Added to the Ultimate Collector Series (UCS) subtheme in the third quarter of 2021, the release of 75309 Republic Gunship was significant because it was the first time that the prequel trilogy had been visited in the UCS line since 10215 Obi-Wan’s Jedi Starfighter in 2010. It’s one of only a handful of sets in the theme that aren’t based on the original trilogy – the sequels haven’t had a look in at all, aside from 75192 Millennium Falcon (which could be configured as either the classic or sequel version of the ship).
So why has the UCS focused on the classic trilogy so exhaustively? Will prequel or sequel-loving LEGO Star Wars collectors get more love going forward, and does the release of 75309 Republic Gunship represent a pivot of the spotlight?
The lack of prequel representation is definitely part of the reason that fans came out in droves to vote for the Republic Gunship in the Ideas poll that saw the defeat of the Nebulon-B frigate and TIE Bomber – but the real reason that those who fell in love with Star Wars during the early Noughties have been underrepresented is that they only now have a decent amount of disposable income, and the recent fan vote gave them the opportunity to tell LEGO that they want expensive, high-quality Star Wars collectibles to spend it on.
Meanwhile, Gen-Xers have been treated to the majority of the high-end Star Wars collectibles for years because they enjoy both a larger and more established fan base and have more cash to spare.
Coming of age at a time when employment was more secure, the economy was booming, and getting on the housing ladder was more achievable, they are further along their life’s road – and as a result, have more opportunities to spend money on elective purchases like enormous LEGO Star Wars sets. Targeting this group has certainly paid off for LEGO, as the Original Trilogy sets always seem to sell.
When it comes to the Gen-Y prequel generation though, it has taken longer for them to get a secure financial footing thanks to the economic crash of 2008 and inflated house prices. Now though, many from that generation are in a position to start shelling out for large-scale Republic Gunships and whatever enormous, impressive sets the LEGO designers dream up to add to the Prequel Trilogy collection, that has so far been seemingly marginalized.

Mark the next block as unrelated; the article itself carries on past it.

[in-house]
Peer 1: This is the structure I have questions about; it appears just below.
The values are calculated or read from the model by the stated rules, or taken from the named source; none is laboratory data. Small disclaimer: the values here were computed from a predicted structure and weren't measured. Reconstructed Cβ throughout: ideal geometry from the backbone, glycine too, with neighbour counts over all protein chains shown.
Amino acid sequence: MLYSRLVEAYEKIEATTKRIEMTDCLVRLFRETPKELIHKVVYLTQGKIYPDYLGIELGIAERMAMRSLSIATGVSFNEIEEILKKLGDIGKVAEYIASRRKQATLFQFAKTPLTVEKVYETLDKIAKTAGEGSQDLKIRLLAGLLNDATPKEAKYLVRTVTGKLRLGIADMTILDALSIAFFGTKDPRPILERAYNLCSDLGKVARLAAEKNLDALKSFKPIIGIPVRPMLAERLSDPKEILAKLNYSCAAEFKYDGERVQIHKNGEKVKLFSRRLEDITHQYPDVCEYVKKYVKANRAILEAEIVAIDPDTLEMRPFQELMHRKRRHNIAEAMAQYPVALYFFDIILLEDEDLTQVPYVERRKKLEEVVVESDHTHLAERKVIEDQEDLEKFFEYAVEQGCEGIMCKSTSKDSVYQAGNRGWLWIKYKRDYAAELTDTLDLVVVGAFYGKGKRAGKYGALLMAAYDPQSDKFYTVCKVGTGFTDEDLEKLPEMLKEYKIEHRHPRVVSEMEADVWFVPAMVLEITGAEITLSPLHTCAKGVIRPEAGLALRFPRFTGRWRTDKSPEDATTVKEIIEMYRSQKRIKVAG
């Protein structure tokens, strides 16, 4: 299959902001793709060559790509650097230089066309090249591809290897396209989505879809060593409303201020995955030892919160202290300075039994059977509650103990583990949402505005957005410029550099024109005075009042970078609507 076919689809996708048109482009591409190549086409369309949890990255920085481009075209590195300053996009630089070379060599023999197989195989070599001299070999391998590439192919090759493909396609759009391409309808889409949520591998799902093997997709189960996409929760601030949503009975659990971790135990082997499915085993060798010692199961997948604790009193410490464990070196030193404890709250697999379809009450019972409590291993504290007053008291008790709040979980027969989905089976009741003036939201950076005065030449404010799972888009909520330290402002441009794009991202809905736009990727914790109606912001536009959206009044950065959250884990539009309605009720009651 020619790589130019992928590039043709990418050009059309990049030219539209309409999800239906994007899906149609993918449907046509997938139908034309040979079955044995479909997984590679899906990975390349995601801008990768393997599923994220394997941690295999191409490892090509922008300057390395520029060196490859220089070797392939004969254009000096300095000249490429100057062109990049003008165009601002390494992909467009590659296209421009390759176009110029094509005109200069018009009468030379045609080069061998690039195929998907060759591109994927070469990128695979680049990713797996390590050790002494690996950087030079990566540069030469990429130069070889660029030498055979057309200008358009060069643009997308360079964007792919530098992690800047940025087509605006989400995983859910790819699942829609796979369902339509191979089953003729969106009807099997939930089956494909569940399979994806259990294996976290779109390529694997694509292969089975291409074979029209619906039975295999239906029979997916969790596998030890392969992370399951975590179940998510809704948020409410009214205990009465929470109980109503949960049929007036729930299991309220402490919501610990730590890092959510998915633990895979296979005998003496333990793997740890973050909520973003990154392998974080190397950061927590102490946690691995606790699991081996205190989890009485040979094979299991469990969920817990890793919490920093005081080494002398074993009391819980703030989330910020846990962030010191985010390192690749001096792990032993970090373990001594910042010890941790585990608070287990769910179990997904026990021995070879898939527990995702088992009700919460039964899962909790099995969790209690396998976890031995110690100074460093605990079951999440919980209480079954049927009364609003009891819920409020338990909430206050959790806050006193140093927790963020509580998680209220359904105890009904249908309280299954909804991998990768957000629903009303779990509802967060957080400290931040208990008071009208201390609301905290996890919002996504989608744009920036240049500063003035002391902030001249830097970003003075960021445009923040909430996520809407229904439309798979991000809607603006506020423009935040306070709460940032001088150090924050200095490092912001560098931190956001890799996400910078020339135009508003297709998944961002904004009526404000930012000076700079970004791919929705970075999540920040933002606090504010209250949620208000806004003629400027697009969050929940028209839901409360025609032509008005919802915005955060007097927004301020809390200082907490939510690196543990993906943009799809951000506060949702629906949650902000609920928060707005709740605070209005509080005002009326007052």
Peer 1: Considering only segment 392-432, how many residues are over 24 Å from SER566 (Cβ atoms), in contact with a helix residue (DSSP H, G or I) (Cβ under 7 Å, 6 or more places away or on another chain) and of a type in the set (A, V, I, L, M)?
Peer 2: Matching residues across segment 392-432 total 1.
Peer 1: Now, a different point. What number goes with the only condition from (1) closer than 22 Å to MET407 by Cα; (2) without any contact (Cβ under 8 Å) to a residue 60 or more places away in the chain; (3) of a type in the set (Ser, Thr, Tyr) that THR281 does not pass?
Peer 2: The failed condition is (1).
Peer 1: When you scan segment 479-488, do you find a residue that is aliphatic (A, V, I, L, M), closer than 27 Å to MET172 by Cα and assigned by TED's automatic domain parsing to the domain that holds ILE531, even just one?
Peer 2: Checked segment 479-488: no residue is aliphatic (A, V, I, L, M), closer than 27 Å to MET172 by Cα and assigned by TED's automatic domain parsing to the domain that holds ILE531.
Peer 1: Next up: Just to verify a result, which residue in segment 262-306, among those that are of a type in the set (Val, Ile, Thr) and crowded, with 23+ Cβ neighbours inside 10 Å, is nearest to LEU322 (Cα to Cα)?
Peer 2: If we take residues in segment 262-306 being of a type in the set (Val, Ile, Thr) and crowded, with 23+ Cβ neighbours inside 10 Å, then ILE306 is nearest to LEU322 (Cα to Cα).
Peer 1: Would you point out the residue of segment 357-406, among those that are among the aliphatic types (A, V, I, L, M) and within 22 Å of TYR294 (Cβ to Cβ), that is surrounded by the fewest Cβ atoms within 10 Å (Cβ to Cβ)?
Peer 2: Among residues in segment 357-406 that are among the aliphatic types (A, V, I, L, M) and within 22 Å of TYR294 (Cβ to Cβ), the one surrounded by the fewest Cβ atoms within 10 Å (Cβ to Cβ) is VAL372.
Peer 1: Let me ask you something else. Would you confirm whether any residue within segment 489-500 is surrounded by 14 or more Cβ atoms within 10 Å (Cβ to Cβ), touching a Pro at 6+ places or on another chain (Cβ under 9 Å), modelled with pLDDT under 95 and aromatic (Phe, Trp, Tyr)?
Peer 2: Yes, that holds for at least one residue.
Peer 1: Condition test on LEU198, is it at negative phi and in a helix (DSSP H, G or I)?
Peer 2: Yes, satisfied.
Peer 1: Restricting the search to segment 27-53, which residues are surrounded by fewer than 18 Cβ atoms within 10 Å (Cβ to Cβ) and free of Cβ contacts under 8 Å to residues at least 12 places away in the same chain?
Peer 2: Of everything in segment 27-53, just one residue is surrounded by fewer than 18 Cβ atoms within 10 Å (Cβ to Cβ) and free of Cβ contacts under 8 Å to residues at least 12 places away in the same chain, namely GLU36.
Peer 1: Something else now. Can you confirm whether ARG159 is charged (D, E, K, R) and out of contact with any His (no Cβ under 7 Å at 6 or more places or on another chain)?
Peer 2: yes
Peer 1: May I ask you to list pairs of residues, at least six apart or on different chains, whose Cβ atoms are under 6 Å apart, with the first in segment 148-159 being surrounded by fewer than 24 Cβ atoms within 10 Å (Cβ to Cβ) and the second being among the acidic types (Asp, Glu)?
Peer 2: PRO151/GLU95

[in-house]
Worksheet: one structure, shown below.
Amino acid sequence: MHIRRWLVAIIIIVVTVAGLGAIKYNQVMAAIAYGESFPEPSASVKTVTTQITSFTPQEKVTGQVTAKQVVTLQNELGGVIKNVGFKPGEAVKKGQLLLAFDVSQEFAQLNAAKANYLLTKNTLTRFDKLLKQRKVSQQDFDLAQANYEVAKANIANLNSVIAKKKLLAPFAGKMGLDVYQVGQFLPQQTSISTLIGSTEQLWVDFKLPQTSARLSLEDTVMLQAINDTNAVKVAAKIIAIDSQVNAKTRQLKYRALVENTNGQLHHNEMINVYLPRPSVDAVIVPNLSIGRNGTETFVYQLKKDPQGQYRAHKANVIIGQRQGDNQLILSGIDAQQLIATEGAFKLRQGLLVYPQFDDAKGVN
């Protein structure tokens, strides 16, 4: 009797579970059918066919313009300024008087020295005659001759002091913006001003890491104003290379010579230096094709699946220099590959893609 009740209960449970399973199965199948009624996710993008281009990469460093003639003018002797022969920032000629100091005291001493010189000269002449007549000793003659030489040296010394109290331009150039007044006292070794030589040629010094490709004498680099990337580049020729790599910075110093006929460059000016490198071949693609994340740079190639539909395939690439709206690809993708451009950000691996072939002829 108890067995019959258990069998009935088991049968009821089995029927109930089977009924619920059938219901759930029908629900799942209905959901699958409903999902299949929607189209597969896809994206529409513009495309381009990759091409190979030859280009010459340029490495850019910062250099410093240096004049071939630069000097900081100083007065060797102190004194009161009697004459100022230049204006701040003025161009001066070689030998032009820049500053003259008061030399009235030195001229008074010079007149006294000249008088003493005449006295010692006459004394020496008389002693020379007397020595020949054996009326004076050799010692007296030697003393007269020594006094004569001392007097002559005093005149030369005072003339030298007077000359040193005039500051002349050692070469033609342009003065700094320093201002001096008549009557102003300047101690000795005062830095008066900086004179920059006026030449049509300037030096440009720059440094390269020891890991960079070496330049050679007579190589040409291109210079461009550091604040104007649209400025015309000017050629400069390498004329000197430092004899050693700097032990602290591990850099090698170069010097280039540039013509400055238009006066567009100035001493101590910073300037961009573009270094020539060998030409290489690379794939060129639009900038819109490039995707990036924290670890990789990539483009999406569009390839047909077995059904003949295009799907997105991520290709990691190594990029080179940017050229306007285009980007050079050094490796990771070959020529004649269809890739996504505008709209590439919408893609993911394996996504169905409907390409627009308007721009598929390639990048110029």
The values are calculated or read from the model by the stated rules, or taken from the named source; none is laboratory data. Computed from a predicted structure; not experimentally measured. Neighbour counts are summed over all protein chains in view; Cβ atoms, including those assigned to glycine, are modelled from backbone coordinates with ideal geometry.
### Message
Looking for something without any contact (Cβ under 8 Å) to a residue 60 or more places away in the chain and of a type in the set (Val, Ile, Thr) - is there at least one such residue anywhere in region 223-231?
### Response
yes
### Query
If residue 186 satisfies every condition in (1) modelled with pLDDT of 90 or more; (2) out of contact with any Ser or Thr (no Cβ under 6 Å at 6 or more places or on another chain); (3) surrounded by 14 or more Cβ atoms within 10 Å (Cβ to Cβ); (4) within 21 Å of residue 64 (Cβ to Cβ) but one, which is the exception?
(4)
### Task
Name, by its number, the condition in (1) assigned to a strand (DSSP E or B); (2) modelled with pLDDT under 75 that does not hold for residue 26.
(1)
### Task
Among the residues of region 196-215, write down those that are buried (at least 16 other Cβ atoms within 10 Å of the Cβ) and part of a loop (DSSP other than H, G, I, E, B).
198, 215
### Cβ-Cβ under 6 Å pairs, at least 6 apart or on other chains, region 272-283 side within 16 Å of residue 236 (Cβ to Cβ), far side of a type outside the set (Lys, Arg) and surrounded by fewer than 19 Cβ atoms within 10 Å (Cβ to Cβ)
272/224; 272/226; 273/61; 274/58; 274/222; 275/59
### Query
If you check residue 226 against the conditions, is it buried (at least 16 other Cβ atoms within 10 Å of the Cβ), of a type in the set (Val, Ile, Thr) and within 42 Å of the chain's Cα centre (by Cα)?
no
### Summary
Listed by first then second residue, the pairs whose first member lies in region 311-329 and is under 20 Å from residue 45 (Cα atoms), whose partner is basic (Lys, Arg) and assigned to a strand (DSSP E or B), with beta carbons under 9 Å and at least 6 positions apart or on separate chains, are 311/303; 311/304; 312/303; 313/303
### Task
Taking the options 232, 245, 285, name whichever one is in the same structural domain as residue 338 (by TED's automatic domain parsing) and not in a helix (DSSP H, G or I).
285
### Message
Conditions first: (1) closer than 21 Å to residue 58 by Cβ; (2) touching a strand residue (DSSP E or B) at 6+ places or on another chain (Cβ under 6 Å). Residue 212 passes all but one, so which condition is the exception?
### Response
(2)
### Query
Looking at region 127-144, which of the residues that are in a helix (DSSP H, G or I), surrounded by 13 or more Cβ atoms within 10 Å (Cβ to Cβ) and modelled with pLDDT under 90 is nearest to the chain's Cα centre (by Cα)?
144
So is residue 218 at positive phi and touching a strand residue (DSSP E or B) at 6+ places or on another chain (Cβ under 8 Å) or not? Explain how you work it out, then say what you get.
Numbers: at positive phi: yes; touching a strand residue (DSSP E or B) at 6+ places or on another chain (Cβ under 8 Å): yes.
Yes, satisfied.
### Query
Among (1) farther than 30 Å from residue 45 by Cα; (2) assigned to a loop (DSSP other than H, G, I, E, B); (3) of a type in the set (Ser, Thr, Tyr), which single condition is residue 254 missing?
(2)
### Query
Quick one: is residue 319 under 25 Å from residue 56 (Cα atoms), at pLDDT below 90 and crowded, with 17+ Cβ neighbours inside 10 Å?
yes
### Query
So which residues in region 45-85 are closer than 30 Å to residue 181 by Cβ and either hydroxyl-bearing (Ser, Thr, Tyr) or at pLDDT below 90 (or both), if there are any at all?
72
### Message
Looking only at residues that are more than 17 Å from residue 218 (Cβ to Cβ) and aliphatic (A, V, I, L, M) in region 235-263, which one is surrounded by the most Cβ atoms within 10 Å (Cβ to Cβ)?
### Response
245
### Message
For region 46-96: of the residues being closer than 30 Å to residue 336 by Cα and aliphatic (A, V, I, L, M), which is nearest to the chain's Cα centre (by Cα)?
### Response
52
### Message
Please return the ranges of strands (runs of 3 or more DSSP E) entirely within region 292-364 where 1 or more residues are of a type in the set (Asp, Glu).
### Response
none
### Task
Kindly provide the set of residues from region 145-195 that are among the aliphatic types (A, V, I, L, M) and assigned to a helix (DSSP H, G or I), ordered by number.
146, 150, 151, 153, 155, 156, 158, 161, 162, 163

If anything, LEGO has been a bit slow off the mark with this. You can see the love for the prequels in how excited nostalgic 20-somethings are for the April 5th arrival of LEGO Star Wars: The Skywalker Saga, as they fondly recall hours spent playing the LEGO Star Wars: The Video Game series since 2005. The way that Disney+ television shows are making the most of prequel trilogy actors who are still willing to reprise their roles – Temeura Morrison, Ewan McGregor, Hayden Christensen – illustrates that the creatives understand a fan desire to see those faces on screen again.
For sequel trilogy fans who belong to Gen-Z though, the picture is bleak – it’s going to be another decade or two before they have the money and dominant voices to ensure that ‘their’ Star Wars is front and center. In some ways, it’s perhaps for the best, as the children and teenagers who are most invested in the Sequel Trilogy collection can probably better afford the smaller scale sets. For those who do want something bigger and impressive, the way the prequel trilogy has been shunned until recently suggests that the sequels are in for a long wait.
Clearly, now is the time for the prequel fanbase, because, much like Gentle Giant and Master Replicas did in the early years of the new millennium, premium LEGO Star Wars sets are finally starting to be offered – alongside Hasbro Pulse‘s crowdsourced projects – to the newest wave of grownups who are looking to the Adult Collector subtheme in order to recreate their childhoods through this new medium of fan expression.
What do you think about the current lack of large-scale Prequel Trilogy sets? With the 20th anniversary of Attack of the Clones approaching, do you think that it’s time for LEGO to begin to move the UCS collection away from the first three Star Wars movies? Feel free to share your thoughts in the comments section below.
Guest author Graham Hancock has been collecting LEGO Star Wars since the first sets appeared in 1999, and has since served as the editor of Brick Fanatics and currently heads up the writing staff at Blocks Magazine; you can follow him on Facebook and Twitter, where he shares more of his thoughts and opinions on his favorite construction toy.
Fervent documentarian, effusive AFOL and founding partner, Jeremy manages the daily news content and set reviews.
Having enjoyed playing with LEGO from his earliest years, Jeremy started collecting LEGO Star Wars in 1999 when the theme was first released. He has shared his thoughts and opinions on LEGO via a number of websites – including starwars.com, rebelscum.com and brickset.com – contributed to the LEGO Star Wars: The Visual Dictionary series and served the LEGO Ambassador Network as a Recognised LEGO Fan Media representative.